Tuesday, September 29, 2009

craigslist dog scam

Puppy fraud is one of the most common Internet scams - and it's on the rise, according to RCMP Corporal Louis Robertson, director of the Canadian anti-fraud centre PhoneBusters, which is managed jointly by the Ontario Provincial Police, the RCMP and the Canadian Competition Bureau.

It all started when Rebecca responded to an Internet ad websites like Petfinder.com or Craigslist for a free puppy, owned by a poster who said he could no longer afford to care for the animal.
Rebecca Aobaugh: "There was always a line in there that always got me. It was, 'please, please promise me that you'll send me pictures of my puppy.' So that kind of pulled at my heart strings and that's why I went for that."
She sent $200 dollars for shipping of the dog to Cameroon, Africa. No dog arrived. An employee of Delta Airlines told Rebecca this could be a scam.
Rebecca Aobaugh: "I said, no it's not a scam. How could it be a scam? How could people scam you for a puppy?"
Then came a request for an additional $600 dollars. She didn't fall for it and that's how she ended up buying this little guy.
The same thing happened to Michelle Waltenburg of Tacoma. She was on the Craigslist web site looking at the classified ads for pets when she came across an ad for a "lovely English bulldog puppy needing a loving and caring home."

"Something about the way they worded it jumped out at me," she said. "It was an adorable little bulldog puppy, just sitting there, looking at the camera. That's it. That's all it takes."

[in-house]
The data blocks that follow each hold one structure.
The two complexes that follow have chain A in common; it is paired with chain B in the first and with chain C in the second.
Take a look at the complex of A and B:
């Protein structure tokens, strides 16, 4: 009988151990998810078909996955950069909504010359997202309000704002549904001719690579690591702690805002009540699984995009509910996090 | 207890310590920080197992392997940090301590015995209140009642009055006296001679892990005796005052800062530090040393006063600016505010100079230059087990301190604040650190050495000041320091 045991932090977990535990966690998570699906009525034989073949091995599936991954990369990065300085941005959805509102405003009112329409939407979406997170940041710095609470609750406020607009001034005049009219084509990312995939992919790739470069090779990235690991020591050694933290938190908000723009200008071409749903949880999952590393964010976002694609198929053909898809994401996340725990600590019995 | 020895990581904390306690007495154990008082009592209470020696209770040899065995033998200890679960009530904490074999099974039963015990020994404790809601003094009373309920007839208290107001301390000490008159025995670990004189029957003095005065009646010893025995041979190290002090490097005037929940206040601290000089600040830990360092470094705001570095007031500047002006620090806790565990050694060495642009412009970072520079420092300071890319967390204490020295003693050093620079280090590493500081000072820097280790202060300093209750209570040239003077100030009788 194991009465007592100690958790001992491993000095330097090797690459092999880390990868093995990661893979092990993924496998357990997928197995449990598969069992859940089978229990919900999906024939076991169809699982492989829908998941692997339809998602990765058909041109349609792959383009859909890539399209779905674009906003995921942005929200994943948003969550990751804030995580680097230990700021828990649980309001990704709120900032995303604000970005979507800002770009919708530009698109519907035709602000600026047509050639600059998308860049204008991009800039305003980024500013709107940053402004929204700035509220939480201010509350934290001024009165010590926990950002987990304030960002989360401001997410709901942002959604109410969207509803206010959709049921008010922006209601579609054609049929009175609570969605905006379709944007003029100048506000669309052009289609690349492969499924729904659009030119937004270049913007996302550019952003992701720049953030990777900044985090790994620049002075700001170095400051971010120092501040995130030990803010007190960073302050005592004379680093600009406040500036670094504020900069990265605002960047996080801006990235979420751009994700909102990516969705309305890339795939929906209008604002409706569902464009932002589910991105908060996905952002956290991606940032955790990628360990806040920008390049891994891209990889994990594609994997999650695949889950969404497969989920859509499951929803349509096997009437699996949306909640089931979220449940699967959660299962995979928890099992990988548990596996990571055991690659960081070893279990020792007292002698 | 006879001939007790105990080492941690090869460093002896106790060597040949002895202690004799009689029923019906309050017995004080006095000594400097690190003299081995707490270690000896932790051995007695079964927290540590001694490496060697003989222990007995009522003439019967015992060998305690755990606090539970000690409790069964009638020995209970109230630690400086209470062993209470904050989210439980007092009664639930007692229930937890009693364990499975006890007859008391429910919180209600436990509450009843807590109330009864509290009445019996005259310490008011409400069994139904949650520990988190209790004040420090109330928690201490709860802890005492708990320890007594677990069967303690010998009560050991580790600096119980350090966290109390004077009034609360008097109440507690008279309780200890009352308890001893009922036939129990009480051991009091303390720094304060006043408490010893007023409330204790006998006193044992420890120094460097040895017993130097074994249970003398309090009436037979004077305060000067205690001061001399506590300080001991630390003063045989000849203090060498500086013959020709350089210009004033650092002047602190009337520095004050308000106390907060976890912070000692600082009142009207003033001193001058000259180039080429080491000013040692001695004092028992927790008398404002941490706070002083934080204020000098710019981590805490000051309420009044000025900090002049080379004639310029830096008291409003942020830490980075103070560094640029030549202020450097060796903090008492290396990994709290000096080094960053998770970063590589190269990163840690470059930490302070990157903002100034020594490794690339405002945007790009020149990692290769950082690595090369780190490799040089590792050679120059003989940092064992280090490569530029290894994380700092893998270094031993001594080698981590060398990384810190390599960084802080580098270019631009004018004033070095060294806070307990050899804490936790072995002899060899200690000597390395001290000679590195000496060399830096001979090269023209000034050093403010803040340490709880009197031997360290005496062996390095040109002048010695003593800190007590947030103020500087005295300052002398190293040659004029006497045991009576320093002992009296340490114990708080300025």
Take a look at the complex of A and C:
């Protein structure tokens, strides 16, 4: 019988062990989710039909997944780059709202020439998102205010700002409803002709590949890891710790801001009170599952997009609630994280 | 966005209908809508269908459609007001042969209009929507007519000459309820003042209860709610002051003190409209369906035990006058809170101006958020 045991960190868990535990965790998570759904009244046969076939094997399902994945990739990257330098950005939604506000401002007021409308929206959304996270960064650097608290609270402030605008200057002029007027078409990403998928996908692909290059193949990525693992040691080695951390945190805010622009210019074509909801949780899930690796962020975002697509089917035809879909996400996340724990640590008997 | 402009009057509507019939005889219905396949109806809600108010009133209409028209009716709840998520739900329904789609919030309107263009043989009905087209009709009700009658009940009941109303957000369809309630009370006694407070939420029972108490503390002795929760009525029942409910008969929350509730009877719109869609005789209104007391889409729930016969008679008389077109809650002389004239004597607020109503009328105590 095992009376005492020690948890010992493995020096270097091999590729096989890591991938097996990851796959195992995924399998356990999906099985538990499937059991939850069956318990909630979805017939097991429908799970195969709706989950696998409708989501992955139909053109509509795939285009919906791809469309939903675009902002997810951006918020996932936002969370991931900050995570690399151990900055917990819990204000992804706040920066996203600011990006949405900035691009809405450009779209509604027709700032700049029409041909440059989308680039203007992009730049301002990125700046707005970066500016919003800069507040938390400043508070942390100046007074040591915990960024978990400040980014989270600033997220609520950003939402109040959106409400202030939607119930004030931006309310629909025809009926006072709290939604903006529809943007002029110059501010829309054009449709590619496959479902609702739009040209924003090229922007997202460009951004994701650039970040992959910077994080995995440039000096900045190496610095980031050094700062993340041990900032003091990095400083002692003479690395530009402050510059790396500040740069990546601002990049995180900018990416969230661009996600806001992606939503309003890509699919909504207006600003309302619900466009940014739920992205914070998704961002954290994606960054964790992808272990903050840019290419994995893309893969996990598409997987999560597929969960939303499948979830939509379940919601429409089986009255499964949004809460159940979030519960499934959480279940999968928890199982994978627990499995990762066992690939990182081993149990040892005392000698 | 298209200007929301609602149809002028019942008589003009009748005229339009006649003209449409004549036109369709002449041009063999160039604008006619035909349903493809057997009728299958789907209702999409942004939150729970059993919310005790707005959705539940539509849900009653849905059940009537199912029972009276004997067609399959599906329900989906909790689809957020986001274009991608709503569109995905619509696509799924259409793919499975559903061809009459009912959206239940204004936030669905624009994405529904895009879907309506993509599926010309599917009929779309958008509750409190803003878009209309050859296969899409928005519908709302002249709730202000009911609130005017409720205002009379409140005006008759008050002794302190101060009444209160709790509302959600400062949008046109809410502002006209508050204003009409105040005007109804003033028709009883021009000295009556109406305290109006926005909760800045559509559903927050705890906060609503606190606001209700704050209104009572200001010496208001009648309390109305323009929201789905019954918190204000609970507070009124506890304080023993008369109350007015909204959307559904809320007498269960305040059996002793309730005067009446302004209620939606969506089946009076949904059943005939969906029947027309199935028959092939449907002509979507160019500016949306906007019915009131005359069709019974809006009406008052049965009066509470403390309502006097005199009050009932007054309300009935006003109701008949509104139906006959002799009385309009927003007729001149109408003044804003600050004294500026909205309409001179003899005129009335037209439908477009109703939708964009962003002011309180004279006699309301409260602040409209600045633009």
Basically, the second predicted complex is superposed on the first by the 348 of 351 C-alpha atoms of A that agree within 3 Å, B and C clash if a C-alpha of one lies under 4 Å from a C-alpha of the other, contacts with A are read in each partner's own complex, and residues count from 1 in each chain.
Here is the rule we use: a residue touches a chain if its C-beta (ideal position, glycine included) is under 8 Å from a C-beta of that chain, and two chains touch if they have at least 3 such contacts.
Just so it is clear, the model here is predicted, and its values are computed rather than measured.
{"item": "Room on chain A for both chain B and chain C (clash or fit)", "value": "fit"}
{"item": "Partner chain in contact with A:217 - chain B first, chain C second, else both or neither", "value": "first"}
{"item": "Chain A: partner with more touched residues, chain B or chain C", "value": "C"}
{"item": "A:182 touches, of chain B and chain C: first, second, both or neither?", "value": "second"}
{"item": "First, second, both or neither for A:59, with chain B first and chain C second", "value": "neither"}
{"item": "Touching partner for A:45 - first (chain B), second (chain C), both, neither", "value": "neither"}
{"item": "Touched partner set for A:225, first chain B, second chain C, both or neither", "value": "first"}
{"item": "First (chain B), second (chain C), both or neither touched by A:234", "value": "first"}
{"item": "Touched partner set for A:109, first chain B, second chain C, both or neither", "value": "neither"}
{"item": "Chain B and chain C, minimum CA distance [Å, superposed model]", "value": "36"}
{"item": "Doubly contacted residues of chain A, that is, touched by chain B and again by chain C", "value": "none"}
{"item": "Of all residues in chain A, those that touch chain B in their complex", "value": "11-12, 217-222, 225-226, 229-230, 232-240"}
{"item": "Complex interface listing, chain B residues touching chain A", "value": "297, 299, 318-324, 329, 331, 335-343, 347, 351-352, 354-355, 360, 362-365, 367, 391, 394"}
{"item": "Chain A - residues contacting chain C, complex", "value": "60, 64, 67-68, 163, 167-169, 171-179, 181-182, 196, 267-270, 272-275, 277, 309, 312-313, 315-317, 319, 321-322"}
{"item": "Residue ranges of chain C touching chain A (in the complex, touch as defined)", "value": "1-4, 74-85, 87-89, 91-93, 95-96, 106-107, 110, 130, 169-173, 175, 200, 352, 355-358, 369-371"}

Michelle responded and got a quick reply from a James Campbell. He claimed to be an American working in Cameroon. He said he wanted someone in the United States to adopt his bulldog puppy, Suzy, because the weather in Africa was no good for her.

"And he said, 'No, there's no fee, but I need you to pay for the puppy to be flown home,' " Waltenburg recalled. "And I said, 'Oh cool. I can do that,' having no idea what was involved."

Waltenburg thought she was going to get a purebred puppy for free, as long as she paid for the shipping, which the "seller" said had to be wired via Western Union.

Michelle sent him $180. That's when the requests for more money started coming in.

"Unfortunately, there never was a dog and you're never going to get your money back," said Alison Preszler, with the National Council of Better Business Bureaus.

Some scammers ask for financial deposits in exchange for a dog that will never materialize, he said. Others send photos of dogs asking for money to help rescue them from famine or homelessness - a scam that was particularly popular after Hurricane Katrina destroyed New Orleans.

PhoneBusters has received 168 complaints of puppy scams over the past five years, probably only a fraction of the actual number because people are often too embarrassed to admit they've been duped, Cpl. Robertson said.

Another Toronto woman who answered the same ad as Ms. Vanderbrug, on Kijiji, which is similar to Craigslist, said she felt something was wrong after she realized the puppy was too big to be a Coton de Tulear

Others are similar to the one Ms. Vanderbrug ran into, he said; sellers post ads for dogs they claim are purebred but they're actually mutts or come from puppy mills.

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